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Insomnia can be genetic, says study

Latest By Varsha Vats , Onlymyhealth editorial team / Feb 02, 2019
Insomnia can be genetic, says study

According to a recent study, genes of a person can be another risk factor of insomnia other than lifestyle, depression, stress and caffeine intake.

Insomnia is a condition in which a person finds it difficult to fall asleep. It is a kind of sleep disorder which do not allow you to sleep properly. According to a recent study, you can now blame your genes if you find it hard to sleep at night. The researchers have identified 57 genes which are associated with the symptoms of insomnia.

The included deep investigation of data collected from more than 4,50,000 people. 29 percent of the population included in the survey faced regular sleeplessness out of which 57 cases were genetic.

Also read: 5 Natural Ways to Treat Insomnia

The study was published in the Nature Genetic Journal which stated that 57 cases were related genes which were not affected by other known risk factors like lifestyle, caffeine intake, depression or stress.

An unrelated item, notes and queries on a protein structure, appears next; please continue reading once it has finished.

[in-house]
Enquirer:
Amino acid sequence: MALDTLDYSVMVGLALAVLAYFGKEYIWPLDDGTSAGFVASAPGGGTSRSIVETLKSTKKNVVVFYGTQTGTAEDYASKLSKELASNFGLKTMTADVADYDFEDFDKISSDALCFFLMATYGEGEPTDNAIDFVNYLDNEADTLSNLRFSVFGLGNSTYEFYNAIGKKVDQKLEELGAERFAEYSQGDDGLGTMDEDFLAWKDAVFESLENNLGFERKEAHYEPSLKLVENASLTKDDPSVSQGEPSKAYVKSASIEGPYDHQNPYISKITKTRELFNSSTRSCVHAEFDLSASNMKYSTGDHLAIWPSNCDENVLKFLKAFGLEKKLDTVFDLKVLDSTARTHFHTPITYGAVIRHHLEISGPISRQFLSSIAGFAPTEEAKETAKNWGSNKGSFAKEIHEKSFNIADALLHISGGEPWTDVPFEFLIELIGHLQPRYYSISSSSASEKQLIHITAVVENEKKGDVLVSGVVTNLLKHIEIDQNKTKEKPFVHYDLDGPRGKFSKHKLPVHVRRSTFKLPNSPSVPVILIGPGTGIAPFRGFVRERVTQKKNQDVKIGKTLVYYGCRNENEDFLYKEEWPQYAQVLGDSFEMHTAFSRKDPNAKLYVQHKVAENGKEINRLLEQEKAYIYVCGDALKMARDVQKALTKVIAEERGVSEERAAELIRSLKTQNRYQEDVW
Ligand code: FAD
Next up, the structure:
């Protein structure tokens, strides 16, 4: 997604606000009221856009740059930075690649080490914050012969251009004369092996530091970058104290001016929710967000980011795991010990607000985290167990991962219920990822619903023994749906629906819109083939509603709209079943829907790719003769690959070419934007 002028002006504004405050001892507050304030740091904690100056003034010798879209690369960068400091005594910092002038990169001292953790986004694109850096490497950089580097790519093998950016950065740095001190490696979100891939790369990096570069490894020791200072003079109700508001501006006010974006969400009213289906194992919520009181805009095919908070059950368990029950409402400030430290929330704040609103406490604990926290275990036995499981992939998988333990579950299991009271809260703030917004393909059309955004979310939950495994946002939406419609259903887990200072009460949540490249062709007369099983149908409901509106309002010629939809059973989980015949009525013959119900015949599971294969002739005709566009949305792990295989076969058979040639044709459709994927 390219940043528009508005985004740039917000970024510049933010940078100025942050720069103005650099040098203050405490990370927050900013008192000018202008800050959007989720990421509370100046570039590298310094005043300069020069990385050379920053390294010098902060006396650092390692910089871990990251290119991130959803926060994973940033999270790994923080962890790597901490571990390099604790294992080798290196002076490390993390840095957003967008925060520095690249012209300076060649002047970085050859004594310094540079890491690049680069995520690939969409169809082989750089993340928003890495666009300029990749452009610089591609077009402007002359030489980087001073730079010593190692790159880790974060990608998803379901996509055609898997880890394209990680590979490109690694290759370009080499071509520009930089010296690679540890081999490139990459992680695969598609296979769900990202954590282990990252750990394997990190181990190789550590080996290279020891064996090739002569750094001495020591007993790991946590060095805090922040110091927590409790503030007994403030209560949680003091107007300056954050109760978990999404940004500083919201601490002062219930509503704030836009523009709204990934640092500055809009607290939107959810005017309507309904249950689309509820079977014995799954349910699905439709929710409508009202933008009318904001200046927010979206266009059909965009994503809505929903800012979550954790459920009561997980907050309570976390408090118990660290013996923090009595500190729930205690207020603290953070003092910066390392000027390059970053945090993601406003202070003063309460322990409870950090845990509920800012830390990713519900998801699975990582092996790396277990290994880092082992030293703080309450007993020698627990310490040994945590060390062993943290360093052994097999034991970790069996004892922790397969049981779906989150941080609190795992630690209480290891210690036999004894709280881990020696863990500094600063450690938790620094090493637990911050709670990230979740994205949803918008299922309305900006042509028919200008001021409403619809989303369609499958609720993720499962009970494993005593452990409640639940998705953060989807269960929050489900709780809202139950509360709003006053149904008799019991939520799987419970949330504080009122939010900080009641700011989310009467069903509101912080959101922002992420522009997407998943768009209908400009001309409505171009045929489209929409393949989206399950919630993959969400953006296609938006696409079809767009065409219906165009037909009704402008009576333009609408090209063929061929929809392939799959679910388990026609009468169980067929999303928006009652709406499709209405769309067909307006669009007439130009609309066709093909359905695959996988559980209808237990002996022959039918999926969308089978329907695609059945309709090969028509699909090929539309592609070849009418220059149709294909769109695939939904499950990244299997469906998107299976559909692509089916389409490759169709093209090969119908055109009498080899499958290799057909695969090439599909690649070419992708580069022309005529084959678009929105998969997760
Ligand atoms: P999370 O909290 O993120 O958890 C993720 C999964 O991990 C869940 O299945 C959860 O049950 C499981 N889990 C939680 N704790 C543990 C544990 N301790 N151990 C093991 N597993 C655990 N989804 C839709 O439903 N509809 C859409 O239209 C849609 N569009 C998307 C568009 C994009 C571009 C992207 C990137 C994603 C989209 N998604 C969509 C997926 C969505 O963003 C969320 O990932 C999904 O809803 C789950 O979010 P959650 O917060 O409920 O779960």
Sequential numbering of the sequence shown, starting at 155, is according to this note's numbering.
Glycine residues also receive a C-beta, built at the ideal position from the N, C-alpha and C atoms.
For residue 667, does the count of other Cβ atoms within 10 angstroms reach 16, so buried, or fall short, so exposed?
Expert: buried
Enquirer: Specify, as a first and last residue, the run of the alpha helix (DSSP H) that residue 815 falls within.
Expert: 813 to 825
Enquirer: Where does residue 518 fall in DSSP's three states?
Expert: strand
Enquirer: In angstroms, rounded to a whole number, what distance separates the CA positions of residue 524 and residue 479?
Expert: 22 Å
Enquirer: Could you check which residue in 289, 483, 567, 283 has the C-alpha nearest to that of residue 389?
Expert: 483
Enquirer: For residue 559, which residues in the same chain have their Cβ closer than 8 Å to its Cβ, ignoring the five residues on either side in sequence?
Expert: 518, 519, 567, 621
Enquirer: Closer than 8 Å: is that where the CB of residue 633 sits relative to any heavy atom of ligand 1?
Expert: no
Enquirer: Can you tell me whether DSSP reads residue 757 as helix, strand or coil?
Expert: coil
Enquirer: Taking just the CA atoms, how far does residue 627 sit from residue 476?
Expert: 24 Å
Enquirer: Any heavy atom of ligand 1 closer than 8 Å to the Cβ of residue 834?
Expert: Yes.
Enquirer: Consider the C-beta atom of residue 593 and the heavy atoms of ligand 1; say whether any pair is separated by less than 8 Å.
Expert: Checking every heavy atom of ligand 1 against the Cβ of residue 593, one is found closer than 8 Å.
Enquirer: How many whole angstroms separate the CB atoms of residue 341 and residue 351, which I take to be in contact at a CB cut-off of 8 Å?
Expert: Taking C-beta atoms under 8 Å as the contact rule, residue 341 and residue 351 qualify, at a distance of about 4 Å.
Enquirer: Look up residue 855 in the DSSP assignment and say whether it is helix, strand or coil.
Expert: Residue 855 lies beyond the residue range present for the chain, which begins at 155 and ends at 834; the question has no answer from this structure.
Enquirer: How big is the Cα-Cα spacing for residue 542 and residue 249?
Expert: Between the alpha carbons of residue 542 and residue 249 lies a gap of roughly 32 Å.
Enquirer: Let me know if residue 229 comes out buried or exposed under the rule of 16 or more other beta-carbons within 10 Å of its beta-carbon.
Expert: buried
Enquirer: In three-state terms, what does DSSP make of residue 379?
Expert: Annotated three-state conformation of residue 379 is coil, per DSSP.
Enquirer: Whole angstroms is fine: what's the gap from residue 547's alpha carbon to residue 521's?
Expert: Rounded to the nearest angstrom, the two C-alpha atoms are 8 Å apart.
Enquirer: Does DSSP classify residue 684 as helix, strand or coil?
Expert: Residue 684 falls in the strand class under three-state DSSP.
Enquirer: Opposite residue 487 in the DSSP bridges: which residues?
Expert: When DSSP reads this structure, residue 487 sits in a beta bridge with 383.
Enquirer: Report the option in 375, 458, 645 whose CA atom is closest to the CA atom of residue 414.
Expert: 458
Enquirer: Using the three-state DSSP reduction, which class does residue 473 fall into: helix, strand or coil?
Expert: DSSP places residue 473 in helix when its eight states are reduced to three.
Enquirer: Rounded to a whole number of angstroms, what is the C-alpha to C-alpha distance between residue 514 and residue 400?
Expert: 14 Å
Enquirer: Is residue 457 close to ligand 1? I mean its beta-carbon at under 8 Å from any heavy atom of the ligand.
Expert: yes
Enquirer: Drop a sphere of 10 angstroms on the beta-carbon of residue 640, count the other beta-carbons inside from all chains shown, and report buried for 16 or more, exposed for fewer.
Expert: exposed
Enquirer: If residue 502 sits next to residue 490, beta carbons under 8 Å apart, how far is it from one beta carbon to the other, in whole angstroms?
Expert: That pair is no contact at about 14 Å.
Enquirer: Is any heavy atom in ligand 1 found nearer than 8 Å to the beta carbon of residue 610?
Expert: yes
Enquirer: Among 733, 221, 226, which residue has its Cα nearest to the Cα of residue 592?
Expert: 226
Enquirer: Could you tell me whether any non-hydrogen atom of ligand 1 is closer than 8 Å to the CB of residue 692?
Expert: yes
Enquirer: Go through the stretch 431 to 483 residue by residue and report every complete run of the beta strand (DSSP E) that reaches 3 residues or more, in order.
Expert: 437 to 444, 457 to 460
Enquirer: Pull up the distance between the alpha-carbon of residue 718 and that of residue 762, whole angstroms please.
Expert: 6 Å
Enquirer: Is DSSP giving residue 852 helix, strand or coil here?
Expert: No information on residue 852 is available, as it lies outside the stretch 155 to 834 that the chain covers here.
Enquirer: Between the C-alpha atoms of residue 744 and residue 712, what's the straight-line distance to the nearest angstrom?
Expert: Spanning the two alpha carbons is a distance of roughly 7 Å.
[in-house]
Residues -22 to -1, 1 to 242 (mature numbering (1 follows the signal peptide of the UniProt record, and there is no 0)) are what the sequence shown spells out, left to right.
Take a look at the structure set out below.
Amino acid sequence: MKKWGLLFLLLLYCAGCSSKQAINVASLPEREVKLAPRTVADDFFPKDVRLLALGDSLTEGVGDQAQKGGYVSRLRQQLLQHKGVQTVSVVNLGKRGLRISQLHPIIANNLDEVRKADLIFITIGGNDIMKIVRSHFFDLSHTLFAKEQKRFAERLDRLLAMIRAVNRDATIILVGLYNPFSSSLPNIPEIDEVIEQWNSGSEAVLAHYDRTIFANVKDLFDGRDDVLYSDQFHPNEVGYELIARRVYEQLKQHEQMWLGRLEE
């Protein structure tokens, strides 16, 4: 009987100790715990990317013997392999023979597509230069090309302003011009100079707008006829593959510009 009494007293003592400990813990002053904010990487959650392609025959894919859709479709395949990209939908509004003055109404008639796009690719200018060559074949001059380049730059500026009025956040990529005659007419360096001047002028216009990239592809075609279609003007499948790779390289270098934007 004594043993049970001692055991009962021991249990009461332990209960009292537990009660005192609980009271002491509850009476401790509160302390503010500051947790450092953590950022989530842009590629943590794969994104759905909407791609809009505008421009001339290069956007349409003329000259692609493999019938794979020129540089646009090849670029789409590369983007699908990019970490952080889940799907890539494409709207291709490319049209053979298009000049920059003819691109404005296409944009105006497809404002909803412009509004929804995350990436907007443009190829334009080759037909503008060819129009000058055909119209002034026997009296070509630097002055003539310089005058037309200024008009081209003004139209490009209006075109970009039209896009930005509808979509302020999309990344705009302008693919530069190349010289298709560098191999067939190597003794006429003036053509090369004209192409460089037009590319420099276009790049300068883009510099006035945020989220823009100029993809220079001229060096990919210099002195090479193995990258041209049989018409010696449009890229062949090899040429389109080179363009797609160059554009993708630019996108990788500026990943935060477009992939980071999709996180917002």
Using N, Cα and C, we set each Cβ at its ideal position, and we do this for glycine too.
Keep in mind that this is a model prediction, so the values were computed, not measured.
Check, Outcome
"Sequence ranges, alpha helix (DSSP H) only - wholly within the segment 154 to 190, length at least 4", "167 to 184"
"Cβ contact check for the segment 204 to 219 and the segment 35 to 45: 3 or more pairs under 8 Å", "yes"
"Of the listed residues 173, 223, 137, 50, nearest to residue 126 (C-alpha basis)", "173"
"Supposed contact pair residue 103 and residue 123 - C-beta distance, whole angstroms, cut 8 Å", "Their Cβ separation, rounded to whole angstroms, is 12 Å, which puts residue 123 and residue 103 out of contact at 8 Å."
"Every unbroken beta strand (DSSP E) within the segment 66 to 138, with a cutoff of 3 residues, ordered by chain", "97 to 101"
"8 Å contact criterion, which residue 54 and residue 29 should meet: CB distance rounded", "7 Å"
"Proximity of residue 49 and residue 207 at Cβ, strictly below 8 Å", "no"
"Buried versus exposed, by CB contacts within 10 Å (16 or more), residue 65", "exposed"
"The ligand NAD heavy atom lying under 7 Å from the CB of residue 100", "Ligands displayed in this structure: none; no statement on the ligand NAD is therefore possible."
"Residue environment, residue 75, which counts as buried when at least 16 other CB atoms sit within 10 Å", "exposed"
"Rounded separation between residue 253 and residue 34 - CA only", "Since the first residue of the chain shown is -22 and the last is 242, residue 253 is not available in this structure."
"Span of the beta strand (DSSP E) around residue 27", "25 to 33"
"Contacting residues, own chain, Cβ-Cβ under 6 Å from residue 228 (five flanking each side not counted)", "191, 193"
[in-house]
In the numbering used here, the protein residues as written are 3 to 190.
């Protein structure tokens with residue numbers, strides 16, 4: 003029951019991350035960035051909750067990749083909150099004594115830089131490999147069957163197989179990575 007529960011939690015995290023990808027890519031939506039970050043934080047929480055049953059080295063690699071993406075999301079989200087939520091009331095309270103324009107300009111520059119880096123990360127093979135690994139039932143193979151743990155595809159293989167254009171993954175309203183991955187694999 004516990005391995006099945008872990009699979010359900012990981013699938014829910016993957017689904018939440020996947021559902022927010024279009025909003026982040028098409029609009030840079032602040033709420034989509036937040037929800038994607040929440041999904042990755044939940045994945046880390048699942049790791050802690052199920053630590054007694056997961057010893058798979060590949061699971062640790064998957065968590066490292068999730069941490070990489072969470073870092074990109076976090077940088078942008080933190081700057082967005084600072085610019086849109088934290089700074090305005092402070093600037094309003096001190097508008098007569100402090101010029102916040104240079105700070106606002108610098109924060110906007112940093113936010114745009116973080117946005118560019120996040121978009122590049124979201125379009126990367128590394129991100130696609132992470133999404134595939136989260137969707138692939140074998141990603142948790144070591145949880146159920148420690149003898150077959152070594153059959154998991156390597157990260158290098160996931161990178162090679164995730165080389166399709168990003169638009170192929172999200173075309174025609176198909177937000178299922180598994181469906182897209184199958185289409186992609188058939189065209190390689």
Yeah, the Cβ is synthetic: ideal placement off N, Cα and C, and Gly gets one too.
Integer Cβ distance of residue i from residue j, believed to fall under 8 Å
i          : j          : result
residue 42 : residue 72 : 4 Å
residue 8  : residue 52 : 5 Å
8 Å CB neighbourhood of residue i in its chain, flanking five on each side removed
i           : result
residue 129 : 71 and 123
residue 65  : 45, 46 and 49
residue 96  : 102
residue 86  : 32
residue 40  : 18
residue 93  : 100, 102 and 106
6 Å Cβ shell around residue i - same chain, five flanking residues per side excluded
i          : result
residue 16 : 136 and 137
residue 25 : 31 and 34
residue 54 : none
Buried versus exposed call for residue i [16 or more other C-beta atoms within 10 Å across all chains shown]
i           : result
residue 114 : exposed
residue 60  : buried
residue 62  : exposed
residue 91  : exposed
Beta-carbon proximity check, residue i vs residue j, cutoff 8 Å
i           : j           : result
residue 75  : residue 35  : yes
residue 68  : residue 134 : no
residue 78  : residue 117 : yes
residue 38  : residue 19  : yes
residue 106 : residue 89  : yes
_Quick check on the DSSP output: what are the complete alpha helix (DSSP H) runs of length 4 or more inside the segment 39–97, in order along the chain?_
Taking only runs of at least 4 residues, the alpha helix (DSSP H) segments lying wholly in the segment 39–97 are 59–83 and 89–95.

"Our findings confirm a role for genetics in insomnia symptoms and expand upon the four previously found gene loci for this condition," said lead author Jacqueline M. Lane from Massachusetts General Hospital (MGH).

"All of these identified regions help us understand why some people get insomnia, which pathways and systems are affected, and point to possible new therapeutic targets," Lane added.

The reports have also focused on the link between insomnia and heart diseases. The research also highlighted that symptoms of insomnia also doubles the risk of coronary artery disease. 

"Insomnia has a really significant impact on millions of people worldwide. We've long known there's a link between insomnia and chronic disease. Now our findings suggest that depression and heart disease are actually a result of persistent insomnia," said another author Samuel Jones at the University of Exeter in England.

Previously, other studies suggested that insomnia also increases the risk of anxiety, alcoholism and major depression.

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